Thursday, August 18, 2011

Quite a While

Yes, it has been quite a while that I was not on the air in writing article in this Blog;  Apparently, I was really busy with the legal works in facing the implementation of the Commercial Production of an oil Area in Indonesia, where we have to strive hard in completing all the facilities production which includes the Gathering Storage Tank of the Crude oil from the Commercial Field  to be transported either by Pipeline, or trucks to the Gathering or Storage Tank at the Terminal Port  to be further shipped to the Tanker or Barge;  

    It is really interesting and quite challenging because under the Indonesian system, there are instances where the Idle Oil Production Facilities can be shared by other Oil Companies, where no profit basis is applied, and sharing costs of the Capital Expenses and Operation Expenses, shall be shared, through the oil throughput arrangements, relating to the sharing usage of such Production Facilities;

As a Business Lawyer you are involved in the legal aspects of this arrangements, where we have to be part of the team in drafting and finalizing this Oil Production Facilities Sharing Agreements.      

Well the operations and commercial professionals staffs must also be involved in completing these production sharing facilities arrangements;    

The target goal of the Oil Production Stream to enable in selling the Crude Oil is most challenging and the Financial aspects are really critical and plays an important role;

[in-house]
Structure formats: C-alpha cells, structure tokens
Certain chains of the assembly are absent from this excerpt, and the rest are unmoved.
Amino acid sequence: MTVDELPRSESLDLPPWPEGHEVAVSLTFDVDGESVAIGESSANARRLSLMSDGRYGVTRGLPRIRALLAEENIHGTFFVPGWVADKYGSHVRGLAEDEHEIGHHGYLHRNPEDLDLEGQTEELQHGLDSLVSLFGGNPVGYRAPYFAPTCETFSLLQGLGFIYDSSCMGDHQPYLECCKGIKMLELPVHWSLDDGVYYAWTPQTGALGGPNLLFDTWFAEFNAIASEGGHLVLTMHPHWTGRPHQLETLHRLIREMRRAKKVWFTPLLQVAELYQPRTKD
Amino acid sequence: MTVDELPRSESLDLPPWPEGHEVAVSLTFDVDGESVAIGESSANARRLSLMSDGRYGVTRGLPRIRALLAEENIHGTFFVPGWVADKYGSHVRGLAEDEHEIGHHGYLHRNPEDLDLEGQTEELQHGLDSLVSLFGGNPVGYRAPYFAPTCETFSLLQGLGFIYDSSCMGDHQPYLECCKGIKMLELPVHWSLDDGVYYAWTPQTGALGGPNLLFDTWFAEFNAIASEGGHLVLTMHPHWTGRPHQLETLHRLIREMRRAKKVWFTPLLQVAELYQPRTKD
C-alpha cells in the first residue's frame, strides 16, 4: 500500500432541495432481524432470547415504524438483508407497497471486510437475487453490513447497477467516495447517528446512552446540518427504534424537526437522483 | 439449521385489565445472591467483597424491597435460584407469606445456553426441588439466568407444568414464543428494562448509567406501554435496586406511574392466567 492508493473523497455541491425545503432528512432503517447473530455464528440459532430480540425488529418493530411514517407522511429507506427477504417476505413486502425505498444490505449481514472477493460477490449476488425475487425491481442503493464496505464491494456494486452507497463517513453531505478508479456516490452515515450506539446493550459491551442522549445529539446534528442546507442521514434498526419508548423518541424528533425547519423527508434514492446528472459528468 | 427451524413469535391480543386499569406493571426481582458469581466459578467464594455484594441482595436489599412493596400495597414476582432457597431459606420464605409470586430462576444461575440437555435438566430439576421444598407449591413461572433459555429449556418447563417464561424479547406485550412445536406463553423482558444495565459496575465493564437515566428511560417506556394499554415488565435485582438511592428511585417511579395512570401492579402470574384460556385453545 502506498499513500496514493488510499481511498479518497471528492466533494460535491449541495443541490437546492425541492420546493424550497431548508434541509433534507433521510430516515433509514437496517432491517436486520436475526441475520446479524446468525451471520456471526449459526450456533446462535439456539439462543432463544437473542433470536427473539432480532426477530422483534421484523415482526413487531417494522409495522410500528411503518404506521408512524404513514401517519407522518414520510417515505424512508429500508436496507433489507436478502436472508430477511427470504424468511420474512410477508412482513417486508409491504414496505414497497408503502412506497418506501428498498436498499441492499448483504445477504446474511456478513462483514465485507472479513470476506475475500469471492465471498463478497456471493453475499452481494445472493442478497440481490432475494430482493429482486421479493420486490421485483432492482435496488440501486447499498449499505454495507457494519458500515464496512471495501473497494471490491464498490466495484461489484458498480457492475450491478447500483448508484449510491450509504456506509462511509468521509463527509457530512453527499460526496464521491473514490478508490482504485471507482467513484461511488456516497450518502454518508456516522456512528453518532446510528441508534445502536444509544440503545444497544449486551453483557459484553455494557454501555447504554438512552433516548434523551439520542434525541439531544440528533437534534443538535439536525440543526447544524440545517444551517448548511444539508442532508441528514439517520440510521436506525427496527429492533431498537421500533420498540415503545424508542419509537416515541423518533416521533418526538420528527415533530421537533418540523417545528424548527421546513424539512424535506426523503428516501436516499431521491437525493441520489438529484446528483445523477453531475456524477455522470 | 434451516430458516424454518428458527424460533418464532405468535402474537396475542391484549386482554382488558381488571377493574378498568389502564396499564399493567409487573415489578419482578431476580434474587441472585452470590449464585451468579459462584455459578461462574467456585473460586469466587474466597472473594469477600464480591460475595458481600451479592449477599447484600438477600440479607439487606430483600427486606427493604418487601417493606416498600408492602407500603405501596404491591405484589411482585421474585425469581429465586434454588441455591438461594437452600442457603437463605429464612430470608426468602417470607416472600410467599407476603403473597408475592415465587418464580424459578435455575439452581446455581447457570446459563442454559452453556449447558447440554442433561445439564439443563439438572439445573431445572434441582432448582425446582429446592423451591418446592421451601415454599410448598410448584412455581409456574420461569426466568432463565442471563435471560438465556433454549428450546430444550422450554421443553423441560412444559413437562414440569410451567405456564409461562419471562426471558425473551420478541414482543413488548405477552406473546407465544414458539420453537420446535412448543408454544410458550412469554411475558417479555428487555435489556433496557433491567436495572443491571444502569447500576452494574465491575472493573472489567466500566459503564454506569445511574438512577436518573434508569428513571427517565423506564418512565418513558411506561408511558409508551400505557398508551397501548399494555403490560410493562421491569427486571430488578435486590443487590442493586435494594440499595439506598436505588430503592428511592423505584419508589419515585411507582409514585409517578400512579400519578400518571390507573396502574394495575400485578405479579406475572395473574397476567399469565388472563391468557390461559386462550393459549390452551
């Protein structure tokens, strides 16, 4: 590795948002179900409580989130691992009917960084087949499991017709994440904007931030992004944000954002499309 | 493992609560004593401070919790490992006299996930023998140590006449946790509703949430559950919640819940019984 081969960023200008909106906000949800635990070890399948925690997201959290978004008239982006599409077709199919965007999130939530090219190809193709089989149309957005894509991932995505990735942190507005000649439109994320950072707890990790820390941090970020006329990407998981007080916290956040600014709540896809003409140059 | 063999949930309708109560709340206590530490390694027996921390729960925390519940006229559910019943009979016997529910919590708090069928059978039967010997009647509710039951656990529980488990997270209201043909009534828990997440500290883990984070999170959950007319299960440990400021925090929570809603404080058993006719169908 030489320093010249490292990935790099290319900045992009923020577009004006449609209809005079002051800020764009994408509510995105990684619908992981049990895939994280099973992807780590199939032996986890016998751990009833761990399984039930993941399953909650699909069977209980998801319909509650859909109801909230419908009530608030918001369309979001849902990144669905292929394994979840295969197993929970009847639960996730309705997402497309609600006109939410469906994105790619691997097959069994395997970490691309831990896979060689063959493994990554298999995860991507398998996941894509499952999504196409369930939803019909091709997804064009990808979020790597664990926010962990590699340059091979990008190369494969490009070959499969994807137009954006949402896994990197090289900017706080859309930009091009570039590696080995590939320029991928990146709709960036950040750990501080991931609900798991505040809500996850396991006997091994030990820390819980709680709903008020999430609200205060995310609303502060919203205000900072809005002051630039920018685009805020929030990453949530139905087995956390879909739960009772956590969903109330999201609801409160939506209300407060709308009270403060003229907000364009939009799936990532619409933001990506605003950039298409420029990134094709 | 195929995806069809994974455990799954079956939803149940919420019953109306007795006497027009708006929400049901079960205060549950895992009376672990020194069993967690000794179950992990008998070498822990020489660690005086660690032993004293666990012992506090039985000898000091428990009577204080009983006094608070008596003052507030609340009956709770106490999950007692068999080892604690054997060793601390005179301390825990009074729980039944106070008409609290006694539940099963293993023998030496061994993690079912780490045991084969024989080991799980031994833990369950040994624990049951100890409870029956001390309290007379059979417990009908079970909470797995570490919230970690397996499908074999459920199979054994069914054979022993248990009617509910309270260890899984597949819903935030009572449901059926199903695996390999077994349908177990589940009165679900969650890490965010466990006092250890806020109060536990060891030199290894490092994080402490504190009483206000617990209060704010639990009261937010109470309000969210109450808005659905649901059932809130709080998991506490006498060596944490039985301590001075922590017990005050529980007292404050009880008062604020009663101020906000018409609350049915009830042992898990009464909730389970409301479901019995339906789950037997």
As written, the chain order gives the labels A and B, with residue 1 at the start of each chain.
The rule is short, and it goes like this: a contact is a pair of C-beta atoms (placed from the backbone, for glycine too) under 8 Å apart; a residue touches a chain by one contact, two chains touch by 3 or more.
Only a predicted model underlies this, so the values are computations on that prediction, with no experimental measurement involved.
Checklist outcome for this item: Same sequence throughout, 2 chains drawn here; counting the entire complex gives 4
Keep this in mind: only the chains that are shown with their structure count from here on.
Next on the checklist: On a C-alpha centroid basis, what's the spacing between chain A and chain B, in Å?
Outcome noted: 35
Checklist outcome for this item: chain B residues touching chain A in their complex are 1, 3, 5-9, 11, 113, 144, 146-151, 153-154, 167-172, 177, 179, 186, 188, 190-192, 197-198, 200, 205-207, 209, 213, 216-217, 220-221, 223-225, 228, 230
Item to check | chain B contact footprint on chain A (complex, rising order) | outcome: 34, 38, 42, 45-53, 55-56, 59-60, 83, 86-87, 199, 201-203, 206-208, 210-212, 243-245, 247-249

Jakarta, 18 August 2011

The History of Mining Act in Indonesia

From some sources of books  written  by  Indonesian writer concerning The History of Mining Act in Indonesia,  we understand that in  1899 : The (East) Indies Mining Act was passed which laid  down the ground rules under which mining operations, including those by private concerns might be conducted.
  • One of the basic principle which was laid down in the Indische Minjwet of 1899  was that rights over land (Surface rights) is separated from the rights over the Mineral resources, these being vest to the the Government.

Prospecting for minerals was controlled by licenses issued by the Bureau of Mines or the Provincial administrations, and mining concessions were granted on application by the Governor General.
During these period, prospecting Licenses & Concessions could only be granted to  : Dutch Subjects, residents of the Netherlands Indies, and to Companies registered in the Netherlands or the Indies.
  • In 1904 :   An Amendment was passed which froze the granting of concessions in an attempt to keep out new firms.

In 1918 : a New Amendment was passed under which the granting of new concession were resumed, which provides  more favorable terms to the Government.

Under the pre - 1904 concession contracts concessions were granted for a term of 75 years with the Government receiving a percentage of any oil produced plus a fixed price per acre of the concession area. 
We observed that under the concession contracts made after the 1918 amendment the concessionaire was required to pay the Netherland East Indies :